Analytical and Bioanalytical Chemistry

, Volume 402, Issue 4, pp 1451–1457 | Cite as

Micro-Raman study of copper hydroxychlorides and other corrosion products of bronze samples mimicking archaeological coins

  • Giulia Bertolotti
  • Danilo Bersani
  • Pier Paolo Lottici
  • Marcella Alesiani
  • Thomas Malcherek
  • Jochen Schlüter
Original Paper


Three bronze samples created by CNR-ISMN (National Research Council—Institute of Nanostructured Materials) to be similar to Punic and Roman coins found in Tharros (OR, Sardinia, Italy) were studied to identify the corrosion products on their surfaces and to evaluate the reliability of the reproduction process. Micro-Raman spectroscopy was chosen to investigate the corroded surfaces because it is a non-destructive technique, it has high spatial resolution, and it gives the opportunity to discriminate between polymorphs and to correlate colour and chemical composition. A significant amount of green copper hydroxychlorides (Cu2(OH)3Cl) was detected on all the coins. Their discrimination by Raman spectroscopy was challenging because the literature on the topic is currently confusing. Thus, it was necessary to determine the characteristic peaks of atacamite, clinoatacamite, and the recently discovered anatacamite by acquiring Raman spectra of comparable natural mineral samples. Clinoatacamite, with different degrees of order in its structure, was the major component identified on the three coins. The most widespread corrosion product, besides hydroxychlorides, was the red copper oxide cuprite (Cu2O). Other corrosion products of the elements of the alloy (laurionite, plumbonacrite, zinc carbonate) and those resulting from burial in the soil (anatase, calcite, hematite) were also found. This study shows that identification of corrosion products, including discrimination of copper hydroxychlorides, could be accomplished by micro-Raman on valuable objects, for example archaeological findings or works of art, avoiding any damage because of extraction of samples or the use of a destructive analytical technique.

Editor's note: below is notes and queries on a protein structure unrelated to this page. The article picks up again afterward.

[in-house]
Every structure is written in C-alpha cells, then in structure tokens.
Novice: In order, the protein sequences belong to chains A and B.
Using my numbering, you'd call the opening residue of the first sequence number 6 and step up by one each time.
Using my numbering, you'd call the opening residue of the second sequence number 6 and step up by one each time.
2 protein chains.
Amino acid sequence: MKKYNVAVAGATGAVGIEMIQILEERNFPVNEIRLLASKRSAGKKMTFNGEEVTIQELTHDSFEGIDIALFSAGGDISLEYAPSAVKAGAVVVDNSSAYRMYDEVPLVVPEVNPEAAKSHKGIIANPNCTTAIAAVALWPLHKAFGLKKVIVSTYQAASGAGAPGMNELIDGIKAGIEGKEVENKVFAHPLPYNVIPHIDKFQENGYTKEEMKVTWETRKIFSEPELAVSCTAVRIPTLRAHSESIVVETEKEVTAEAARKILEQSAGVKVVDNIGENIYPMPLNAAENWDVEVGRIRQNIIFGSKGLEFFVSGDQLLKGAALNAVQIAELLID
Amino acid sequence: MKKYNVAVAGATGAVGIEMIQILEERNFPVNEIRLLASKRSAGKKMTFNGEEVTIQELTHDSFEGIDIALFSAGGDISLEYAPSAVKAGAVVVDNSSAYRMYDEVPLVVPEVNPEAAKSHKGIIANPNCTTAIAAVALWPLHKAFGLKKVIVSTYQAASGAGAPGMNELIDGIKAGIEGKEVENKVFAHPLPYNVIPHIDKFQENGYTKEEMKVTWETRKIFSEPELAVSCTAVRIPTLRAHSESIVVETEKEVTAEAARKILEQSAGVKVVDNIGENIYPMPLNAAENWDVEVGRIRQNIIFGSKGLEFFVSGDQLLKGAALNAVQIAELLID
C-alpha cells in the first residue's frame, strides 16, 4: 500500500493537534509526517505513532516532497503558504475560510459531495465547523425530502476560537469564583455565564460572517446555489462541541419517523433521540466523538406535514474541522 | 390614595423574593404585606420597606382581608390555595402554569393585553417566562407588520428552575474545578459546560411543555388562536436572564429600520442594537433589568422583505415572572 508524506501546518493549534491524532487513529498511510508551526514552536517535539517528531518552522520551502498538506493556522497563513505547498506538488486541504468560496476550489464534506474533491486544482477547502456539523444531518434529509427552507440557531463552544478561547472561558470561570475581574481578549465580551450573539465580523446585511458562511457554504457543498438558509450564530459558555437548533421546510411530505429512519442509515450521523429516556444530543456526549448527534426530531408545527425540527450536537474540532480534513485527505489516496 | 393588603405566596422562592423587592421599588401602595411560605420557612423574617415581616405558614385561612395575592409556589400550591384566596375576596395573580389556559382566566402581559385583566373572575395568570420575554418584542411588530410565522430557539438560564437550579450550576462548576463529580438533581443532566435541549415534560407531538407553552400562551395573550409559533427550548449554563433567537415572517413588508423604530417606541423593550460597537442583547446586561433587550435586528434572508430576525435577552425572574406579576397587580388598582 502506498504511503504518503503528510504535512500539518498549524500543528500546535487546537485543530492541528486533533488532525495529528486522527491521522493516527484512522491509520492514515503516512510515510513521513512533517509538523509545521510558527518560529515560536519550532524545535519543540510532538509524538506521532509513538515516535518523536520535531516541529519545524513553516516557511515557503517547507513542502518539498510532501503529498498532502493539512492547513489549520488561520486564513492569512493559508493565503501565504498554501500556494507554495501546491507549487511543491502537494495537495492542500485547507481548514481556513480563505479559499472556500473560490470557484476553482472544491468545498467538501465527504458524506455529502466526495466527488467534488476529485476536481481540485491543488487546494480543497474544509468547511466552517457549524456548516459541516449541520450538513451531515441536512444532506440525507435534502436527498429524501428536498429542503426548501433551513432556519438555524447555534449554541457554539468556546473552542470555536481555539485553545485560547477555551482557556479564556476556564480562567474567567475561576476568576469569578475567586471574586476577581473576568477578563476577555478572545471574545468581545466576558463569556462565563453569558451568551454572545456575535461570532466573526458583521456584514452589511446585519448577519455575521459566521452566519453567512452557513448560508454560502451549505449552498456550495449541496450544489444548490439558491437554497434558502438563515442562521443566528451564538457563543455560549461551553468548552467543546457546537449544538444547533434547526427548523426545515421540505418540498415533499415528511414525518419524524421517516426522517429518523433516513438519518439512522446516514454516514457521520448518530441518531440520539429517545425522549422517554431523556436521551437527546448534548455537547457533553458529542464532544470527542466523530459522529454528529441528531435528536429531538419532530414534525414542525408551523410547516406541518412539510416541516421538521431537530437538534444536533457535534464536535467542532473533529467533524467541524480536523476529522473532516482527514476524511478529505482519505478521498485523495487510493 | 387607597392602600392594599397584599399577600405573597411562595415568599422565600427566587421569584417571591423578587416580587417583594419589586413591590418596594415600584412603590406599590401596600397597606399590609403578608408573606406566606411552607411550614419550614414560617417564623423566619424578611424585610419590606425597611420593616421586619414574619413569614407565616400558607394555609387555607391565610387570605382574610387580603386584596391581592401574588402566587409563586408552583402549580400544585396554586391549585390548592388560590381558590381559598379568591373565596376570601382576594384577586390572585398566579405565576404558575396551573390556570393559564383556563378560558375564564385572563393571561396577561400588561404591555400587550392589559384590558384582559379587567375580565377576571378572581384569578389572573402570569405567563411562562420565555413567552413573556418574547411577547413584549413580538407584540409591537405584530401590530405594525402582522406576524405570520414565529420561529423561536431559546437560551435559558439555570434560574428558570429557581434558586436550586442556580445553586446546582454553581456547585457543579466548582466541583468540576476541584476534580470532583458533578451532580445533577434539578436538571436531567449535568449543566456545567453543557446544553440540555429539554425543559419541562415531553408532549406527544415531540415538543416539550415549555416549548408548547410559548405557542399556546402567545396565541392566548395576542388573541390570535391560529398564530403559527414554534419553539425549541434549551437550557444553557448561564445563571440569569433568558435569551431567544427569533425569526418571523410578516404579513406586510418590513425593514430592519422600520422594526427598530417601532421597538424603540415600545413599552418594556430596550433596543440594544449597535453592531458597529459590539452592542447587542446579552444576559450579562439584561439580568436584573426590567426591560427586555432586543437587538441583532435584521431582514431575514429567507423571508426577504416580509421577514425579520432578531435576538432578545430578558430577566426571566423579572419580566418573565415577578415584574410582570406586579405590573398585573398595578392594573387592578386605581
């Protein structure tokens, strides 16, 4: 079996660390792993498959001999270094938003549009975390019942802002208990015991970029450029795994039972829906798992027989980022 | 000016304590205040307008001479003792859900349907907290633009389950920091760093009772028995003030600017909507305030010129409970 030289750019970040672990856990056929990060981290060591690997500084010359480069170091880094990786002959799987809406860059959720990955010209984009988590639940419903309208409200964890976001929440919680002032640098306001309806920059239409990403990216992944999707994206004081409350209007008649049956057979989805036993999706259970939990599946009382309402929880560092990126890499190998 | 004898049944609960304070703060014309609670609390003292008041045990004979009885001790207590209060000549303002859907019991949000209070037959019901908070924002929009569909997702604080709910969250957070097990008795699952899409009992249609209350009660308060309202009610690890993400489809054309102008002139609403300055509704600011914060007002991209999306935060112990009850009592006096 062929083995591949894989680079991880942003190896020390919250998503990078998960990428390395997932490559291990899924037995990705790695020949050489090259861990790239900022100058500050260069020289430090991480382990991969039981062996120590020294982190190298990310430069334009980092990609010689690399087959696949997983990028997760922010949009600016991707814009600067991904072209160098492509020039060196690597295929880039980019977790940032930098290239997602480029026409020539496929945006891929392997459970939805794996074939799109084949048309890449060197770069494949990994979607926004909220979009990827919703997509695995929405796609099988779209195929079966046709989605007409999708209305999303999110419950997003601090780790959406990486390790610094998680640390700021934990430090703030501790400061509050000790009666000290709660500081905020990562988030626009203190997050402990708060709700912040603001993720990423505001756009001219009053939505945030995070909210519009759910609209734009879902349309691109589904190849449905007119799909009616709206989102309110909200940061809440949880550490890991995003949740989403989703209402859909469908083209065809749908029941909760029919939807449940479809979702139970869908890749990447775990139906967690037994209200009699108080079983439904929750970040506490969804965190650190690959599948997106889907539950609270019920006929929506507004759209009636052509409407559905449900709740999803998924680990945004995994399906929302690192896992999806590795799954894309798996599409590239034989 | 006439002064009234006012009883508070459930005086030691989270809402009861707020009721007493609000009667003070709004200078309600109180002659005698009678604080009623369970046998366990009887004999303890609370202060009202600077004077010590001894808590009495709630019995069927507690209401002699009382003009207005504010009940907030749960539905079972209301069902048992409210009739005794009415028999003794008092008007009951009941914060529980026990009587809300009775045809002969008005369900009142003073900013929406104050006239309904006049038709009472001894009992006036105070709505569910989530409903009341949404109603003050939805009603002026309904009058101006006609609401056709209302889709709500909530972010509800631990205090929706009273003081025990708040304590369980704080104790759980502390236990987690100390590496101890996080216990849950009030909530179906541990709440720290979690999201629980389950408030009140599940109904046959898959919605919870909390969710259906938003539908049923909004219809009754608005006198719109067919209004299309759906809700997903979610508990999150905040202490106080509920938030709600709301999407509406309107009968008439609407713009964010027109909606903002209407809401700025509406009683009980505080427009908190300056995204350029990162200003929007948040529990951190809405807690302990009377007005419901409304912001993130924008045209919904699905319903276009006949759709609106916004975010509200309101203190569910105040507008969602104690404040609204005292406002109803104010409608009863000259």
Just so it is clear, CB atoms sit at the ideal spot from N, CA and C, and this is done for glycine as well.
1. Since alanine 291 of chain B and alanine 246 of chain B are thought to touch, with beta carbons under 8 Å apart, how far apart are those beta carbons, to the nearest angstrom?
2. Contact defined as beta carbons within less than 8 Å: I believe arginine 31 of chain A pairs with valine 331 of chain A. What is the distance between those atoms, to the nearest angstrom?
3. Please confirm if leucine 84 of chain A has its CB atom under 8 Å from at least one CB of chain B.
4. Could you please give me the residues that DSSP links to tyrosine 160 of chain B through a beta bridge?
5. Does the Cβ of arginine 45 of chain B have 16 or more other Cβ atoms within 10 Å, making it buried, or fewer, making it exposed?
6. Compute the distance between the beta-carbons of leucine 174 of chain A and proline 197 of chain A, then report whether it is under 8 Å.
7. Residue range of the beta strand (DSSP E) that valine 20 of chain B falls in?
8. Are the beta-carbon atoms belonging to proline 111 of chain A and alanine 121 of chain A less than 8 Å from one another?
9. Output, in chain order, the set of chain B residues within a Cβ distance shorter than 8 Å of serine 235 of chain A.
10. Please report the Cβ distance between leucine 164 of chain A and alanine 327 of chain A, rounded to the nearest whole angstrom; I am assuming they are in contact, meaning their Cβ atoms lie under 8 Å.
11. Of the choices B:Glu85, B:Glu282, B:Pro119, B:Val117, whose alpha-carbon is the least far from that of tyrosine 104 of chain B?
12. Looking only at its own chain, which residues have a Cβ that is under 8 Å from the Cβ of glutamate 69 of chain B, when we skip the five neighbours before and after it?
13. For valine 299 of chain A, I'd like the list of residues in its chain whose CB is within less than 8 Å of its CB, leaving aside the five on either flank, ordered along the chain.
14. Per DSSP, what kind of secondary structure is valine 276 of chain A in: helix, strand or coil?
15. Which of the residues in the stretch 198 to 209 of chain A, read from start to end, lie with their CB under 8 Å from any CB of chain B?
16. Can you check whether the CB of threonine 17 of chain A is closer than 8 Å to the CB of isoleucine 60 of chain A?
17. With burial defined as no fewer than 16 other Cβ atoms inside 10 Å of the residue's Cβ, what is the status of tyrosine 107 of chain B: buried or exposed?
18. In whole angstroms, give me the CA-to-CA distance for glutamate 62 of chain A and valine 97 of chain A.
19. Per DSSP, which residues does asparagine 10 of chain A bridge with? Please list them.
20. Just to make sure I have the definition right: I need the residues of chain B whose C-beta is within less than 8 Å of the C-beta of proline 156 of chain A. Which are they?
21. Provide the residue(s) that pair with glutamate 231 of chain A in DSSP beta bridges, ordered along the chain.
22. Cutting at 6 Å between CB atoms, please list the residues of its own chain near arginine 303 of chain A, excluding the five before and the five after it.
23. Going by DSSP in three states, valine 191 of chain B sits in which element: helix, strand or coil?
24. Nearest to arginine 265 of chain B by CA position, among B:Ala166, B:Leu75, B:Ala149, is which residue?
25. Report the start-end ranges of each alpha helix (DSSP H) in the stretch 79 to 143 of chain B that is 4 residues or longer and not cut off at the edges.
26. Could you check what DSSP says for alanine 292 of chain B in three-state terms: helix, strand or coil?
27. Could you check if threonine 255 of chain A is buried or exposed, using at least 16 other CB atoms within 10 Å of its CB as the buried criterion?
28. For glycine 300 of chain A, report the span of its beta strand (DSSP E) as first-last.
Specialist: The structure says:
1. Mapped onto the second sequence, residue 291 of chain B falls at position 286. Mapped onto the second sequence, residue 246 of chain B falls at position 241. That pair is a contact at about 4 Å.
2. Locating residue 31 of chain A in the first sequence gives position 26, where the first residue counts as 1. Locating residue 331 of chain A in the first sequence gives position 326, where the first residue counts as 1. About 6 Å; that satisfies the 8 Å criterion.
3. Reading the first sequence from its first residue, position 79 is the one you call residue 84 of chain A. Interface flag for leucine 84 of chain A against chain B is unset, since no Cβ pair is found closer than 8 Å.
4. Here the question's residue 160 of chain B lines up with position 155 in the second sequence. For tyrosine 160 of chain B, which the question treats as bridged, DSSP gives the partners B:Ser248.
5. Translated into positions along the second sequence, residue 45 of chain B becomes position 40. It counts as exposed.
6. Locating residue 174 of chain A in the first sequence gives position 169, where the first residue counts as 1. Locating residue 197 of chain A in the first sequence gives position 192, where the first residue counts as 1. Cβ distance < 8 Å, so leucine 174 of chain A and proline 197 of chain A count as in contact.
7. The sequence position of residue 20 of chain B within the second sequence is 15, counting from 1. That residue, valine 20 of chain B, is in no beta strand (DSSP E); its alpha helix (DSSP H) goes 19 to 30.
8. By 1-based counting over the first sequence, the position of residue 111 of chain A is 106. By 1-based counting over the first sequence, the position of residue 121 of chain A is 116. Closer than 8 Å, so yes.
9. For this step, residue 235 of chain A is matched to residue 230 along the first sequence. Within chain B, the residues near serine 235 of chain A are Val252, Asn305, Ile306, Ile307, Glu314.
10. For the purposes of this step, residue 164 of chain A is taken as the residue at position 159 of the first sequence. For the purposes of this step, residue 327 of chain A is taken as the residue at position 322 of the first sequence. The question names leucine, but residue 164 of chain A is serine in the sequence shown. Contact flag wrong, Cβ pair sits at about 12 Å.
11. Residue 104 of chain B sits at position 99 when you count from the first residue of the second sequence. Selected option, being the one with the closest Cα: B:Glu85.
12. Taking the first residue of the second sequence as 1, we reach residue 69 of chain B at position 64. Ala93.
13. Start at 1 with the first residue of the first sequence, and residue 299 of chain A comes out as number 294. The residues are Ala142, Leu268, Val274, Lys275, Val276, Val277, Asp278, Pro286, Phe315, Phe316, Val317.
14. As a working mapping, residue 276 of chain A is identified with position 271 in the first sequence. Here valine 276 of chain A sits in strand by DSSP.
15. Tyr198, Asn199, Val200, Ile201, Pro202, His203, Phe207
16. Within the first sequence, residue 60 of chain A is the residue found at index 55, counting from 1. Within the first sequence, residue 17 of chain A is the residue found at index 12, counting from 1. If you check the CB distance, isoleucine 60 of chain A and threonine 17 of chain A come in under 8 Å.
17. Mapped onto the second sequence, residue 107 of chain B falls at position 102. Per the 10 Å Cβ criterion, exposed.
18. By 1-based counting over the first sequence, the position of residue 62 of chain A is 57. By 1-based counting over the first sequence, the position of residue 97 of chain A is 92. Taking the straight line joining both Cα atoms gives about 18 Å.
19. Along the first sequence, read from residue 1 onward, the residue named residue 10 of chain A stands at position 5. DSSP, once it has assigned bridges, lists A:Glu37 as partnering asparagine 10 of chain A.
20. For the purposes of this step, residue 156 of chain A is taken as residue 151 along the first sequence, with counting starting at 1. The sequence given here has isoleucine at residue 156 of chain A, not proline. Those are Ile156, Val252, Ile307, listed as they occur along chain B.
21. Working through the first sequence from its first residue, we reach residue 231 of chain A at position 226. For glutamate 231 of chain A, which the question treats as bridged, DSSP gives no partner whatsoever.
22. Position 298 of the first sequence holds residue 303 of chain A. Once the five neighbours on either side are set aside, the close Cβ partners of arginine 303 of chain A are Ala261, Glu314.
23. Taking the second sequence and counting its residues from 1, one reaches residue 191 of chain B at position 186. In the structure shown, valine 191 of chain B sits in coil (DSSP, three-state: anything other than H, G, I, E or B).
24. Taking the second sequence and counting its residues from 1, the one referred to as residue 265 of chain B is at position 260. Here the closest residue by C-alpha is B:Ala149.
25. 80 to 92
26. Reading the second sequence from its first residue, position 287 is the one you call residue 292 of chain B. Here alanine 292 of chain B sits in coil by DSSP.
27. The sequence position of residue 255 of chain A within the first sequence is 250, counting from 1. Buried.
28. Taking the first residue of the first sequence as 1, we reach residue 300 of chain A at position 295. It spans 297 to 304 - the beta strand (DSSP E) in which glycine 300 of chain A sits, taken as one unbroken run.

Raman spectroscopy Copper hydroxychlorides Coins Bronze Corrosion products Archaeological metals 



The authors thank Gabriel Maria Ingo (CNR-ISMN) and Valérie Hayez for kindly providing, respectively, the bronze coins and the clinoatacamite sample and allowing their study.


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Copyright information

© Springer-Verlag 2011

Authors and Affiliations

  • Giulia Bertolotti
    • 1
  • Danilo Bersani
    • 1
  • Pier Paolo Lottici
    • 1
  • Marcella Alesiani
    • 2
  • Thomas Malcherek
    • 3
  • Jochen Schlüter
    • 3
  1. 1.Dipartimento di FisicaUniversity of ParmaParmaItaly
  2. 2.Dipartimento di EnergeticaUniversity of Rome “La Sapienza”RomeItaly
  3. 3.Mineralogisches MuseumUniversität HamburgHamburgGermany

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